Indigenous Women Say Canada’s Legislative is Discriminatory

Indian Act Continues to Harm First Nations Women, Petition Launched

The march, which started at Place Norman-Bethune and ended at Cabot Square, denounced the Canadian government’s legislative discrimination of the Indian Act. Photo Caitlin Yardley

When Mary Hannaburg’s mother married a non-Indigenous man, she lost her Indigenous status, her voice, and her land. This was due to laws imposed oh her by the Indian Act—enacted in 1876.

“This discrimination of the Indian Act has to cease, to stop impacting women in their communities, in every aspect of our lives,” said Hannaburg, who has been a part of the Quebec Native Women since 1985.

On Saturday afternoon, the Quebec Native Women gathered at Place Norman-Bethune to denounce Canada’s sex-based hierarchy imposed by the Indian Act. They also came to bring attention to a petition they launched on Feb. 8, which calls on the Canadian government to eradicate the discrimination imposed by the Indian Act.

“We want the government to do it now, not in another 20 years,” said Hannaburg.

“What Canada did is a crime against humanity, a crime against all of us who are standing here.” — Ellen Gabriel

Before reforms were made in 1985, women with Indigenous status who married a non-Indigenous individual would lose their status. The implications of the Indian Act was not the same for Indigenous men who married non-status people.

They highlighted how today the act continues prevent women from passing on their Indigenous status to their children.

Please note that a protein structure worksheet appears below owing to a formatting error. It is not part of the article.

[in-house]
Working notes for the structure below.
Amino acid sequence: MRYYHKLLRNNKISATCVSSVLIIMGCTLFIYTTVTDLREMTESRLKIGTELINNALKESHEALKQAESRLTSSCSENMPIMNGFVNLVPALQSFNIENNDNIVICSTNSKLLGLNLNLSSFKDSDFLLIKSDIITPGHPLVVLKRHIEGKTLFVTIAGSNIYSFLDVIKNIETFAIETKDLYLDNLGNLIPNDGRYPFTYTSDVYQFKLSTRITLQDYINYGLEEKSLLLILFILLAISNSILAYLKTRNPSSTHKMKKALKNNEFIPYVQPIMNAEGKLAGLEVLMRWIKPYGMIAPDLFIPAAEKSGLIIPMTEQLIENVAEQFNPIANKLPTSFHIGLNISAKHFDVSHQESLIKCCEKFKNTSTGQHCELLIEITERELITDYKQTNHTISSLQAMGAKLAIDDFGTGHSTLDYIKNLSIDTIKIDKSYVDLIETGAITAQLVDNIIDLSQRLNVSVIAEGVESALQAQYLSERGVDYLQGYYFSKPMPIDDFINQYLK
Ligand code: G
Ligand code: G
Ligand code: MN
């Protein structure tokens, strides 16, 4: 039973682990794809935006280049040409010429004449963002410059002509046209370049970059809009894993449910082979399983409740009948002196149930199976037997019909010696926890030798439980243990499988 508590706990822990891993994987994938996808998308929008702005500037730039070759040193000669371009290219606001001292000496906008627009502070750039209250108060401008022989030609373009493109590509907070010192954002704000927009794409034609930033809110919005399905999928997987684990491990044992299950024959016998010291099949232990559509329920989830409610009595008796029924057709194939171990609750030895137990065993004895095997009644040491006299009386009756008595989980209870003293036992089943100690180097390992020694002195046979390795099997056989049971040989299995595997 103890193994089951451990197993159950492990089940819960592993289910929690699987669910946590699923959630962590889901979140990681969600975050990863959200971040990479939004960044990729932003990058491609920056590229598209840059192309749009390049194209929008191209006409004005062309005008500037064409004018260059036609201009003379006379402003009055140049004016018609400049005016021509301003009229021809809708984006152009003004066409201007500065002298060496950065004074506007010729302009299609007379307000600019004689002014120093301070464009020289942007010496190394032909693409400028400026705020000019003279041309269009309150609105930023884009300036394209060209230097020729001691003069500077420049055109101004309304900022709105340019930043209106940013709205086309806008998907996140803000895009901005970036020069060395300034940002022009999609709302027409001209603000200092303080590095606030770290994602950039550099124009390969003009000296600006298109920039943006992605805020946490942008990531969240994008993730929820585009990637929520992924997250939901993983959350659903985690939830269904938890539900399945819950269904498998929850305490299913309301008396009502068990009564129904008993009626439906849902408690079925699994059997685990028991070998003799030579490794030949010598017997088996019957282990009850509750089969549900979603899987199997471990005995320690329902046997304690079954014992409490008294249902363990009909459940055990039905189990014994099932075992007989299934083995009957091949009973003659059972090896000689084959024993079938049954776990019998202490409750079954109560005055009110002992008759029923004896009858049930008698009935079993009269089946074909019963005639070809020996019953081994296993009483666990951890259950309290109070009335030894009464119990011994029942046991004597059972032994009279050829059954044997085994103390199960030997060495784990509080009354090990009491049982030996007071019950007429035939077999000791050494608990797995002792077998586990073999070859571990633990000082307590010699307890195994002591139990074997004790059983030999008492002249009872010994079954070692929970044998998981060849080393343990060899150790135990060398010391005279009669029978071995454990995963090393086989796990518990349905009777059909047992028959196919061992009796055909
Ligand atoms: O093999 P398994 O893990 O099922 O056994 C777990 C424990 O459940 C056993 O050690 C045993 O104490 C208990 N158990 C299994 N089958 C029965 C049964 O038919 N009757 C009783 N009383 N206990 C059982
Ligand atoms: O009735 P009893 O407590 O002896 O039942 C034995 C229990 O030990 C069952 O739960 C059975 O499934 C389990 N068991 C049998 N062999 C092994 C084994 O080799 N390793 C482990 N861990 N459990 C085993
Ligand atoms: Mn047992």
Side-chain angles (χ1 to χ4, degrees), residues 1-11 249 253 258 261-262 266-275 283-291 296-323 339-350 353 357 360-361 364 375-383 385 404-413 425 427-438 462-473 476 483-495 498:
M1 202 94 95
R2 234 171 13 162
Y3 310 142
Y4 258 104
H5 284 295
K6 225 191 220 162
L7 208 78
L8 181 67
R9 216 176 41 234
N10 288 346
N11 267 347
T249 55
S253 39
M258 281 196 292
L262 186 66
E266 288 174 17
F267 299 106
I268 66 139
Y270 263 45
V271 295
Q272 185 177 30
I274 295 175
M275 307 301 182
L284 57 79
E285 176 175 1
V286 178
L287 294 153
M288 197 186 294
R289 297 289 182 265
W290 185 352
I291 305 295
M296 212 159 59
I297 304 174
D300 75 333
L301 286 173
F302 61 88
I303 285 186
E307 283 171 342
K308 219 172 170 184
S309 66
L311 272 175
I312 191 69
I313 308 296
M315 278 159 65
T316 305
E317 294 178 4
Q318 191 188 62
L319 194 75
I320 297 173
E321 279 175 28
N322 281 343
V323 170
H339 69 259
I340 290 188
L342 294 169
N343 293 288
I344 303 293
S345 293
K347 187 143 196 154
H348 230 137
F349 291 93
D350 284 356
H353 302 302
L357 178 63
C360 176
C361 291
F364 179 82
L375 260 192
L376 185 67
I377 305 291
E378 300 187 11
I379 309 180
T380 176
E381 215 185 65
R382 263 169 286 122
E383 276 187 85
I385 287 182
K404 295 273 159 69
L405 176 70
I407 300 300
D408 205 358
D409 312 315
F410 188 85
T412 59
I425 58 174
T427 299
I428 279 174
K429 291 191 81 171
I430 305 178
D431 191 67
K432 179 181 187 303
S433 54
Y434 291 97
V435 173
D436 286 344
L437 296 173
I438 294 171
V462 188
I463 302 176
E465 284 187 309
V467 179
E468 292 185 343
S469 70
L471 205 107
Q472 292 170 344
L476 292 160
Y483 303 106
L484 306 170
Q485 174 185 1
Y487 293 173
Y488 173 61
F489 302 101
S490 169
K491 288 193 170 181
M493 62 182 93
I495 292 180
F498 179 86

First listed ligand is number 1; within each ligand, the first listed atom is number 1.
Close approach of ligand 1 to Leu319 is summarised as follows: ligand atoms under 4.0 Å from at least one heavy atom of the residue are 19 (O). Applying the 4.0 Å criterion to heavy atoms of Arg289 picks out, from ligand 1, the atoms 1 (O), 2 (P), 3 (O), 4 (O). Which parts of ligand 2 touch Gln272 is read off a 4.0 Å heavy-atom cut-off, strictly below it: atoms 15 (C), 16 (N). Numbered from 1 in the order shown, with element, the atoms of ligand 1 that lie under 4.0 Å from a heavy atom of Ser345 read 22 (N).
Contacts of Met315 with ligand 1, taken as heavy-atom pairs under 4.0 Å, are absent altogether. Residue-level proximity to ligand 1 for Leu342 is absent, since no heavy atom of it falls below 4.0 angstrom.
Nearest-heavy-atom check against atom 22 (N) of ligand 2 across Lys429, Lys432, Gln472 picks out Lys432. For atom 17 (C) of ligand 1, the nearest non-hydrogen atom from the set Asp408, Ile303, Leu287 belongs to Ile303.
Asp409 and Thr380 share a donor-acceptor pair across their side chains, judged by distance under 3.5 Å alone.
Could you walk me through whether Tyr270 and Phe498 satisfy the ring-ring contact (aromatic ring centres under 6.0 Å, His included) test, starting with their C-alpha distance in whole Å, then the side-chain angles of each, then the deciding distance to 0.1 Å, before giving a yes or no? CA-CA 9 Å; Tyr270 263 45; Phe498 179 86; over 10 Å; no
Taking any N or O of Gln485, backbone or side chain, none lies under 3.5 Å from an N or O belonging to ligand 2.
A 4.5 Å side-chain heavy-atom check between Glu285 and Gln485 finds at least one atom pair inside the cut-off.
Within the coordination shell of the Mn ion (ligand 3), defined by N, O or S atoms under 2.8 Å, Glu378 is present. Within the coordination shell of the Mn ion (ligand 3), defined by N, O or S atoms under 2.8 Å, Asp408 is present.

“When Canada was made, they not only had to beat the Indian out of the Indian, they had to make us feel ashamed of who we are,” said Ellen Gabriel, a Mohawk activist from the Kanehsatà:ke territory. “What Canada did is a crime against humanity, a crime against all of us who are standing here.”

Gabriel stressed how Canadian and Quebec governments have based the foundations of their society on racism and discrimination. “They continue to do so today […] without any shame,” Gabriel continued.

“Those affected by the act lost rights to inherit land, and services, as well as their rights to be counted as Indigenous women,” said Hannaburg.

In 1985, Canada passed Bill C-31, which allowed women who lost their status through marriage to regain Indigenous-status.

Despite the amendments made in 1985, the United Nations Human Rights committee stated the act continues to discriminate against Indigenous women.

The Indian Act targeted Indigenous women, and that Indigenous lineage would be defined by the male line. The contradicted a lot of Indigenous peoples customary laws, Gabriel said.

Cultural language comes through Indigenous women, added Hannaburg, because it was a matriarchal society.

“Patriarchy knocked that out,” continued Hannaburg.

“Canadians have to pay attention to what’s happening to us and help us to change this,” continued Hannaburg. “I’m sure you’re not proud to be a Canadian when this is going on, I know in your heart you’re not.”